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Wakefield Bridge & Chantry Chapel
River Calder, Wakefield, West Yorkshire
Wakefield Bridge & Chantry Chapel
associated engineer
Anon
date  after 1342
era  Medieval  |  category  Bridge  |  reference  SE337201
ICE reference number  HEW 438
photo  Mark Whitby
The old part of this stone bridge is believed to have been built in the middle of the 14th century. It has twice been widened, notably in 1797-98. The newer arches are rounded in shape and the originals are pointed.
The bridge is now some 320ft long and 32ft wide. Its arches span 28ft. As it is unsuitable for modern traffic, a new bridge was built in 1929-30, almost alongside. Wakefield New Bridge was designed by Owen Williams.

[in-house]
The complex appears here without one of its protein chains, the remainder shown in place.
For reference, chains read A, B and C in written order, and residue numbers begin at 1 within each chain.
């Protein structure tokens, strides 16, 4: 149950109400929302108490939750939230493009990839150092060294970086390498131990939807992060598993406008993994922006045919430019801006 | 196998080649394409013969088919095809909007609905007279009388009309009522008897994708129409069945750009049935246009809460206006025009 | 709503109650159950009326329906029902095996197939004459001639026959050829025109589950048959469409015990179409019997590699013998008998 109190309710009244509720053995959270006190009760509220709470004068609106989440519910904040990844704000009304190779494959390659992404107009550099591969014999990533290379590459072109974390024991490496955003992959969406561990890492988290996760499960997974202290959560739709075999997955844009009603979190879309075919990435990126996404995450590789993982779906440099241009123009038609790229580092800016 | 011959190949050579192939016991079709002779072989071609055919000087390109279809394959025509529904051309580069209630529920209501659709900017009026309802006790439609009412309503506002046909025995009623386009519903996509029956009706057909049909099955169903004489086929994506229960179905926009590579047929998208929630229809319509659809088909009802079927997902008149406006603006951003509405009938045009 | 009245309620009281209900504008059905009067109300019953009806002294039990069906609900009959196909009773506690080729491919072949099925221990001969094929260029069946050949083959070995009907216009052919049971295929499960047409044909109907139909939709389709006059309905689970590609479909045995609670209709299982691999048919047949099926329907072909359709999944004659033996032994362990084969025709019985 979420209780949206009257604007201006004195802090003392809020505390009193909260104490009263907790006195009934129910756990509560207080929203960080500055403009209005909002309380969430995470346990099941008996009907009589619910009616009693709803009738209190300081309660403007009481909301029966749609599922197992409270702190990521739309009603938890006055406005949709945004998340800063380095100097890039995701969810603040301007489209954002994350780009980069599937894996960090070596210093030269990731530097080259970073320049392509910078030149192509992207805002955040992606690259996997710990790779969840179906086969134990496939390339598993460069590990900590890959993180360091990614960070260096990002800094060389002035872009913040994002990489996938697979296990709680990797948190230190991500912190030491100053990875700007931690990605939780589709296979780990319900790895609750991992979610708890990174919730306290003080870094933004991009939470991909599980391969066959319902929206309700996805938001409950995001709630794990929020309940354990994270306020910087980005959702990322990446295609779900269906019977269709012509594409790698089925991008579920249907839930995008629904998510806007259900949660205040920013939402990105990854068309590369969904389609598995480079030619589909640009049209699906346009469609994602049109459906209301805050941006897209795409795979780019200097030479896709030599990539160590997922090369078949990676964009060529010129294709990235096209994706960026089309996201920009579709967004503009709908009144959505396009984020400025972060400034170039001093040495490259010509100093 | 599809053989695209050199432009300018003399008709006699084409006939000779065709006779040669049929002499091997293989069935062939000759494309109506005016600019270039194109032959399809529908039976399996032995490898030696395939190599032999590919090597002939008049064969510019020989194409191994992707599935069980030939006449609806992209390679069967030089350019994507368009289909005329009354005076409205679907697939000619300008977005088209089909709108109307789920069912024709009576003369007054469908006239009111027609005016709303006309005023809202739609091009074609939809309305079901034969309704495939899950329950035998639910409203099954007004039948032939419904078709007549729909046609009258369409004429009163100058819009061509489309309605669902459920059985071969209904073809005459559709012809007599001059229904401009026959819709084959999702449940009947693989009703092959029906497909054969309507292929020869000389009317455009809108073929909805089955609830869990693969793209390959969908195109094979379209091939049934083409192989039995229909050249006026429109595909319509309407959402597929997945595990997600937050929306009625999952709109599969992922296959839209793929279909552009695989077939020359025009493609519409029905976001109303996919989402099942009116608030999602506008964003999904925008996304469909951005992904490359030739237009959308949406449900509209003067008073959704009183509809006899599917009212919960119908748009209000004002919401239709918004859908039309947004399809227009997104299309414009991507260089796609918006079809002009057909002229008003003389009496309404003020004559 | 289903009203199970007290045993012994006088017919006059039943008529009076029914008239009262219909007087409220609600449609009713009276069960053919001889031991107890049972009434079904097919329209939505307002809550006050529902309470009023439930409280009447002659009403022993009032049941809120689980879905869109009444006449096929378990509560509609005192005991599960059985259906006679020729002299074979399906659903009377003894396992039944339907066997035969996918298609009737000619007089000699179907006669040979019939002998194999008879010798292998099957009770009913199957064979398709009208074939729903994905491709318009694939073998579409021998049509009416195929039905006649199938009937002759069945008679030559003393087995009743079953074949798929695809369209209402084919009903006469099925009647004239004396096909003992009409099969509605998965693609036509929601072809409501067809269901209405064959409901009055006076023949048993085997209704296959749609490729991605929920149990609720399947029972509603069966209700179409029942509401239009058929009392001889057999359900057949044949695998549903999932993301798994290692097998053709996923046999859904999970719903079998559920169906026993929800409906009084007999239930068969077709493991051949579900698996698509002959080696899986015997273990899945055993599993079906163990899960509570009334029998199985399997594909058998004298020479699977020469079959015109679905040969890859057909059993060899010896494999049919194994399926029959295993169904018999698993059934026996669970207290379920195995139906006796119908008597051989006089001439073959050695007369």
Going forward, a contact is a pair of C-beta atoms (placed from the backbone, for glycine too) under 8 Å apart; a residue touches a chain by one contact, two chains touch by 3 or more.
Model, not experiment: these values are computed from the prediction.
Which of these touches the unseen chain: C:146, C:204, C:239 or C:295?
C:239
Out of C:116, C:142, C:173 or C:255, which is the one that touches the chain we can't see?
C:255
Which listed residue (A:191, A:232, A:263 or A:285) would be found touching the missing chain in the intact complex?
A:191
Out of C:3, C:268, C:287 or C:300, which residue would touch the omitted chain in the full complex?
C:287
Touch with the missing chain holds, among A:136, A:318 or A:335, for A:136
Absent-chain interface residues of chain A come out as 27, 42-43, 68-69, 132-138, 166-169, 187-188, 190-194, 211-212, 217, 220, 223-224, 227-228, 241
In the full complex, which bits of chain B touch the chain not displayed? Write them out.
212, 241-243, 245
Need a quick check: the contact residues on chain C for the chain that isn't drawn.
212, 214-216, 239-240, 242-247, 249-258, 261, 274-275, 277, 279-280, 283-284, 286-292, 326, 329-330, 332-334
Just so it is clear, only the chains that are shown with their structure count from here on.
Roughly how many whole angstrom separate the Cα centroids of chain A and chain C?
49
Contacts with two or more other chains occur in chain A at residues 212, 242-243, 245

At one end of the old bridge is the Chantry Chapel of St Mary (1342-50), built into the stonework of the bridge. The chapel is only 9ft wide at river level and corbelling is used to increase the width to 25ft at street level. Bridges were popular sites for medieval chapels as travellers used them to pray for safe journeys. There were four at Wakefield.
The chapel as seen today is an 1848 reconstruction of the original.
reference sources   BBlocal research
Location

Wakefield Bridge & Chantry Chapel